In a bid to win over minority shareholders, TPG Capital backed Manipal Hospitals Enterprises has raised its offer to buy Fortis Healthcare’s hospital business, a company in which ace investors Rakesh Jhunjhunwala as well as Porinju have an equity stake.
In a bid to win over minority shareholders, TPG Capital backed Manipal Hospitals Enterprises has raised its offer to buy Fortis Healthcare’s hospital business, a company in which ace investors Rakesh Jhunjhunwala as well as Porinju have an equity stake. Earlier, Rakesh Jhunjhunwala had raised questions over the sanctity of the deal. “What is the sanctity of a deal approved by a board of directors appointed by a group of shareholders who are no longer shareholders of the company?” Rakesh Jhunjhunwala told in an interview to The Economic Times. Rakesh Jhunjhunwala had raised that Fortis healthcare’s hospital chain must be sold through a fair process which allows all interested parties to bid, and not by a board who have been elected under Shivinder Singh and family, who are no longer shareholders in Fortis. We take a closer look at the revised bid, and whether it will win the favour of minority investors.
Bid increased by more than 20%
The latest offer values Fortis’ hospital business at about 21 percent higher to Rs 60.61 billion or 116 rupees per share, according to a statement released by Manipal Hospitals released yesterday. Earlier, after taking the swap ratio into account the combined value of the business was coming to Rs 140 per share. According to the revised terms, the Fortis’ hospital business is valued at around Rs 155 per share.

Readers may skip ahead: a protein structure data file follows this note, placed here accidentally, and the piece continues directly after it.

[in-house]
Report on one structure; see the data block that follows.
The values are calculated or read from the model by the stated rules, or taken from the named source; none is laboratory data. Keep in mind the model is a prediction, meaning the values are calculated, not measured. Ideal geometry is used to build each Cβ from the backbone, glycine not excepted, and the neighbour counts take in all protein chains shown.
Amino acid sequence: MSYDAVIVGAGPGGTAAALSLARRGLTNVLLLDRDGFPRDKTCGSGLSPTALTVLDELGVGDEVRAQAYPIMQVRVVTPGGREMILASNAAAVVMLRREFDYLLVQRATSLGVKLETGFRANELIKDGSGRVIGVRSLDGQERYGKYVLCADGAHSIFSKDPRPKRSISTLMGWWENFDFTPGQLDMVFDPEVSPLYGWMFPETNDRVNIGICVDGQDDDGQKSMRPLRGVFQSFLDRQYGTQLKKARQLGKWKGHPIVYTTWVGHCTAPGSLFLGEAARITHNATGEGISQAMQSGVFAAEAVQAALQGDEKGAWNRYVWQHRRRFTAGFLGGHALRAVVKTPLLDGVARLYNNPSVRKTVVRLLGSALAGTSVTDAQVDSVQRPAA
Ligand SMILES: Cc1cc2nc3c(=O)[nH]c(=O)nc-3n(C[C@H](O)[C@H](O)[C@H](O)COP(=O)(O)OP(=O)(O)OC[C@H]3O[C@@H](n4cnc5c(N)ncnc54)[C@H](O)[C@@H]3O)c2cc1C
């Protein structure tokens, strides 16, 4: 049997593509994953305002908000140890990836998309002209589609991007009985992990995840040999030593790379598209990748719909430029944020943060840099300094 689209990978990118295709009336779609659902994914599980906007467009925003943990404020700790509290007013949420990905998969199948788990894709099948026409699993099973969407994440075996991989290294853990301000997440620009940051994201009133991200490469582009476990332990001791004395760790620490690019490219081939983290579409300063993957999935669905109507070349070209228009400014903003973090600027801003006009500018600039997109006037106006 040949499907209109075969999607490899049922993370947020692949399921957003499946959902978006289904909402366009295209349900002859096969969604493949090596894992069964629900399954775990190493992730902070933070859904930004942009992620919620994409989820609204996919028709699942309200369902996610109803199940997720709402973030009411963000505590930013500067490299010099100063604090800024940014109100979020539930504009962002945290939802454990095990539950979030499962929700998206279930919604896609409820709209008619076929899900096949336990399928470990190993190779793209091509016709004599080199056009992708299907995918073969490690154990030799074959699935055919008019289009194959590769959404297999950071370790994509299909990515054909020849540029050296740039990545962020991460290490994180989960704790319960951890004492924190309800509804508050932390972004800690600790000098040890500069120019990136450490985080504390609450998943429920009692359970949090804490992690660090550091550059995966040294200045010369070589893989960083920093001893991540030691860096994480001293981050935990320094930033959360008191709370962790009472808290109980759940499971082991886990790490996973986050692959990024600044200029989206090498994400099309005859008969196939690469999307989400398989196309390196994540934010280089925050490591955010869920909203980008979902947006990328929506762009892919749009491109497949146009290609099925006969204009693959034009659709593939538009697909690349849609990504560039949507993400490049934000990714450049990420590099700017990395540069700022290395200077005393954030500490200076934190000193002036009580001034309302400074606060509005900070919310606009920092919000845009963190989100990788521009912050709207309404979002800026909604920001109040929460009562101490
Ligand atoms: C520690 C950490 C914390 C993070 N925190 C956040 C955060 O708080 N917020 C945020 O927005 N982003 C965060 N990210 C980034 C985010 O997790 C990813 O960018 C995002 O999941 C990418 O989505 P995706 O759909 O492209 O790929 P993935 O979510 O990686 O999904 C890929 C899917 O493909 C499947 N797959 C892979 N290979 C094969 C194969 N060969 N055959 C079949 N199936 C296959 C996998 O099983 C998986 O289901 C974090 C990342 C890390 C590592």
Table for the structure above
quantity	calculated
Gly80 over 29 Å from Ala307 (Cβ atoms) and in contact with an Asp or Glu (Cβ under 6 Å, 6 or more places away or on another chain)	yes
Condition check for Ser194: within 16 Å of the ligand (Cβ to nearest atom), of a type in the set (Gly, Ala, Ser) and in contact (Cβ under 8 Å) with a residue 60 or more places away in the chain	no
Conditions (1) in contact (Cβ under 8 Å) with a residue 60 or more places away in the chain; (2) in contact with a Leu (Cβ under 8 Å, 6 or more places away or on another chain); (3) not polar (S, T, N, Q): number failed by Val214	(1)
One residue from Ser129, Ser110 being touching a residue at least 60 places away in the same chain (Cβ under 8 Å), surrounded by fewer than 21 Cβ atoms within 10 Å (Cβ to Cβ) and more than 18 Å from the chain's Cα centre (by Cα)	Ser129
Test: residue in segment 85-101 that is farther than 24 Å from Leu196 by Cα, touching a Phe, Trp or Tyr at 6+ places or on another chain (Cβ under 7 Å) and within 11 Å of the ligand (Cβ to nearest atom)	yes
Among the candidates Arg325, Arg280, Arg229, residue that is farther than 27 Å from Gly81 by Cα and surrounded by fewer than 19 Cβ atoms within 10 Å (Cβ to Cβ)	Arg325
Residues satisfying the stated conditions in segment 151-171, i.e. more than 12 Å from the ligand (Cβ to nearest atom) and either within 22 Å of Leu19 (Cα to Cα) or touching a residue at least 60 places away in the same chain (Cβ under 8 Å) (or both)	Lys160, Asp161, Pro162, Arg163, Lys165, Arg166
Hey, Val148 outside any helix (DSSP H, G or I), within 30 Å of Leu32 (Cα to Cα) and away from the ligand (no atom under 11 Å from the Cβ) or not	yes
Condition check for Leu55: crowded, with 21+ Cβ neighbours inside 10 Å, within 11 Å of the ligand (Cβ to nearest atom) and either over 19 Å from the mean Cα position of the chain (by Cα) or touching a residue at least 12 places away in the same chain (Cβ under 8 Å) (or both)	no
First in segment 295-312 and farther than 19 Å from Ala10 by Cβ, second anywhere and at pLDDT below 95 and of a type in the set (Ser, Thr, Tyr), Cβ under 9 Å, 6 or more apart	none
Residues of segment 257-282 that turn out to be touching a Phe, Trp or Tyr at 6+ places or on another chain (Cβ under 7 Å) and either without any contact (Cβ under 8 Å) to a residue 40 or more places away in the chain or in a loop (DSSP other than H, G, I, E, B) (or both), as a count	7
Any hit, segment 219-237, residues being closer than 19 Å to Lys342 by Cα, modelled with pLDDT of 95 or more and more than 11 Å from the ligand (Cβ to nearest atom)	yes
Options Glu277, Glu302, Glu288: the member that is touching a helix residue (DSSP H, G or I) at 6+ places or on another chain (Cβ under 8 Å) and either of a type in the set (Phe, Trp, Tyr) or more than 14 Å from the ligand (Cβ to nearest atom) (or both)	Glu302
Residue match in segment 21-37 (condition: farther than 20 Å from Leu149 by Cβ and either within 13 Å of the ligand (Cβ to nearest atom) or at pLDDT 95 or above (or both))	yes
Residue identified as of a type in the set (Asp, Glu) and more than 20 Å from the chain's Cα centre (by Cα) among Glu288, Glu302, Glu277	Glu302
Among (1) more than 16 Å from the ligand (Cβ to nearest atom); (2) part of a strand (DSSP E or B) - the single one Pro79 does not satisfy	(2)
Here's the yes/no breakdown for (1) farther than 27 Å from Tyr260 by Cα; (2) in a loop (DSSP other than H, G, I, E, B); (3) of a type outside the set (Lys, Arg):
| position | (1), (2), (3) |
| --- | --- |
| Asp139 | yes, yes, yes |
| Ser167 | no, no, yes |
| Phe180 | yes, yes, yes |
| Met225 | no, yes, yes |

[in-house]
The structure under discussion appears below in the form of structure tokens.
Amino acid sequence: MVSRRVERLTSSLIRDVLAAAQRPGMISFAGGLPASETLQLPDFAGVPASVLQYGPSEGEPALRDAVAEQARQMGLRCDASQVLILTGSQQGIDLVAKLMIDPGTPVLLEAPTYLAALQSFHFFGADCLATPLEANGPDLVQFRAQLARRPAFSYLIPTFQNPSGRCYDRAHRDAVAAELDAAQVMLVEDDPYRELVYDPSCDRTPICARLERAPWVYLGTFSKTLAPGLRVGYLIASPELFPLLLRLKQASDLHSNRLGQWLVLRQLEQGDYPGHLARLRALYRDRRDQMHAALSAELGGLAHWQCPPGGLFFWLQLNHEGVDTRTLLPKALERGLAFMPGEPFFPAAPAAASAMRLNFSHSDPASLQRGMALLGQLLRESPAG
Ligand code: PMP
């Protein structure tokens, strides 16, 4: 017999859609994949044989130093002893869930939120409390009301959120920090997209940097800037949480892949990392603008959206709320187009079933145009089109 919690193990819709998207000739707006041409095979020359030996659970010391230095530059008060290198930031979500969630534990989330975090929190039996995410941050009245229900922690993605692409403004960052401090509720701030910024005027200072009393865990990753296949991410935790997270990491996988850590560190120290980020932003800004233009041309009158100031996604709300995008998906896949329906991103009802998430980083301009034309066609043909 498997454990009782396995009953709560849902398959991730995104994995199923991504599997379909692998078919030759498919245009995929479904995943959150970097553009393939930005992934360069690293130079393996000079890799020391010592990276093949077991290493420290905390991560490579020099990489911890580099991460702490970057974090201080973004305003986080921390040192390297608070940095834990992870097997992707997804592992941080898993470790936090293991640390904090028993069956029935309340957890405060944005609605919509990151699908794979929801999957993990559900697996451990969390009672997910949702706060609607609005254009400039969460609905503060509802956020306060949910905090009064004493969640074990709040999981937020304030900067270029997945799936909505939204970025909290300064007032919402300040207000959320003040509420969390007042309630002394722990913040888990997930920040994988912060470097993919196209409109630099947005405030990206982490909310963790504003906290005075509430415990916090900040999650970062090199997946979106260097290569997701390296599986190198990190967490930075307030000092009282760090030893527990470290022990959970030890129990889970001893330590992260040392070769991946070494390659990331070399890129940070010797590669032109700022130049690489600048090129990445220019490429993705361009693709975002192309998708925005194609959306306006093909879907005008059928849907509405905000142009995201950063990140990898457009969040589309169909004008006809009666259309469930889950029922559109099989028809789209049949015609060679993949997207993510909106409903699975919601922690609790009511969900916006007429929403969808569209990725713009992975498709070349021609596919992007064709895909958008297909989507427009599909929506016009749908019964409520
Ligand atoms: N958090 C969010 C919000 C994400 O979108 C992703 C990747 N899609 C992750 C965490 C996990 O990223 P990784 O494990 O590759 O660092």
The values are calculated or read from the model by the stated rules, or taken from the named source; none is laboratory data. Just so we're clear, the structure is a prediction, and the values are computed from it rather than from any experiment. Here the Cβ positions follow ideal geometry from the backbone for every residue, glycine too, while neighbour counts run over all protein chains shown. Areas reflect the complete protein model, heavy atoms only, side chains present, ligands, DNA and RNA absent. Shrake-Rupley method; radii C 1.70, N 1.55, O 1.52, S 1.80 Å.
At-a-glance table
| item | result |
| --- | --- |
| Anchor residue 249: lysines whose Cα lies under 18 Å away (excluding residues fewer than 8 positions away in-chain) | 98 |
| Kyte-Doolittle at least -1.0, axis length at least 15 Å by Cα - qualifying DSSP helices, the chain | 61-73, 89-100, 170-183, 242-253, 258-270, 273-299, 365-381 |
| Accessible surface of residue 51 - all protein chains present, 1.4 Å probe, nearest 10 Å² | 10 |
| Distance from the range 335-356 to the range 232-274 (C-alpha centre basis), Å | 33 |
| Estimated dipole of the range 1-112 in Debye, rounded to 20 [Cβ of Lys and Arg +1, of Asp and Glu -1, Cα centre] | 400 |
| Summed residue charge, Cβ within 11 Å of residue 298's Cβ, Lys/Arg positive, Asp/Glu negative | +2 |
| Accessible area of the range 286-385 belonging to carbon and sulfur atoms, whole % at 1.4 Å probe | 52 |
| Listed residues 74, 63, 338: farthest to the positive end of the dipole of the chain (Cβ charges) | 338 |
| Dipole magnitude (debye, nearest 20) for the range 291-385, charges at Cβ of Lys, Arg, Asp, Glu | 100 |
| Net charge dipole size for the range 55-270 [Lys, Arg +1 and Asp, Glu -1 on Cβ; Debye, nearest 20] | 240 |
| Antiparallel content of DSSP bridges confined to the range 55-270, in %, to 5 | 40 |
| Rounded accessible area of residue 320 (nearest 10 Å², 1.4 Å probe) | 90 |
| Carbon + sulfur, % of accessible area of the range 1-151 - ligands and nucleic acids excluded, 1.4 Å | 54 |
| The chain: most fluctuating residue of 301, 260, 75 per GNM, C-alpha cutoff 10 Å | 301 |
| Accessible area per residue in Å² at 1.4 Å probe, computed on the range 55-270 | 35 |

Improved swap ratio for shareholders
According to the previous terms of the deal, for every 100 shares of Fortis, a stockholder would receive 10.83 shares in the combined entity, Manipal Health Enterprises. According to the revised terms, a stockholder will now get 13.1 shares in the combined entity, sweetening the deal for minority shareholders.
Erstwhile promoter shareholding still unclear
According to the old plan, the shareholding of promoters Malvinder and Shivinder Singh in the combined entity was slated to come down to 0.3% from the existing 0.8% in Fortis. Further, Manipal Chief Executive Ranjan Pai’s shareholding would have come down to 37.9% in the combined entity from 58.8% before the merger. Manipal’s statement did not mention what this would be under the revised terms. “We hope that our revised offer addresses the concerns certain Fortis shareholders had raised and believe this offer is in the interests of all stakeholders, including Fortis’ shareholders,” Ranjan Pai said in the statement.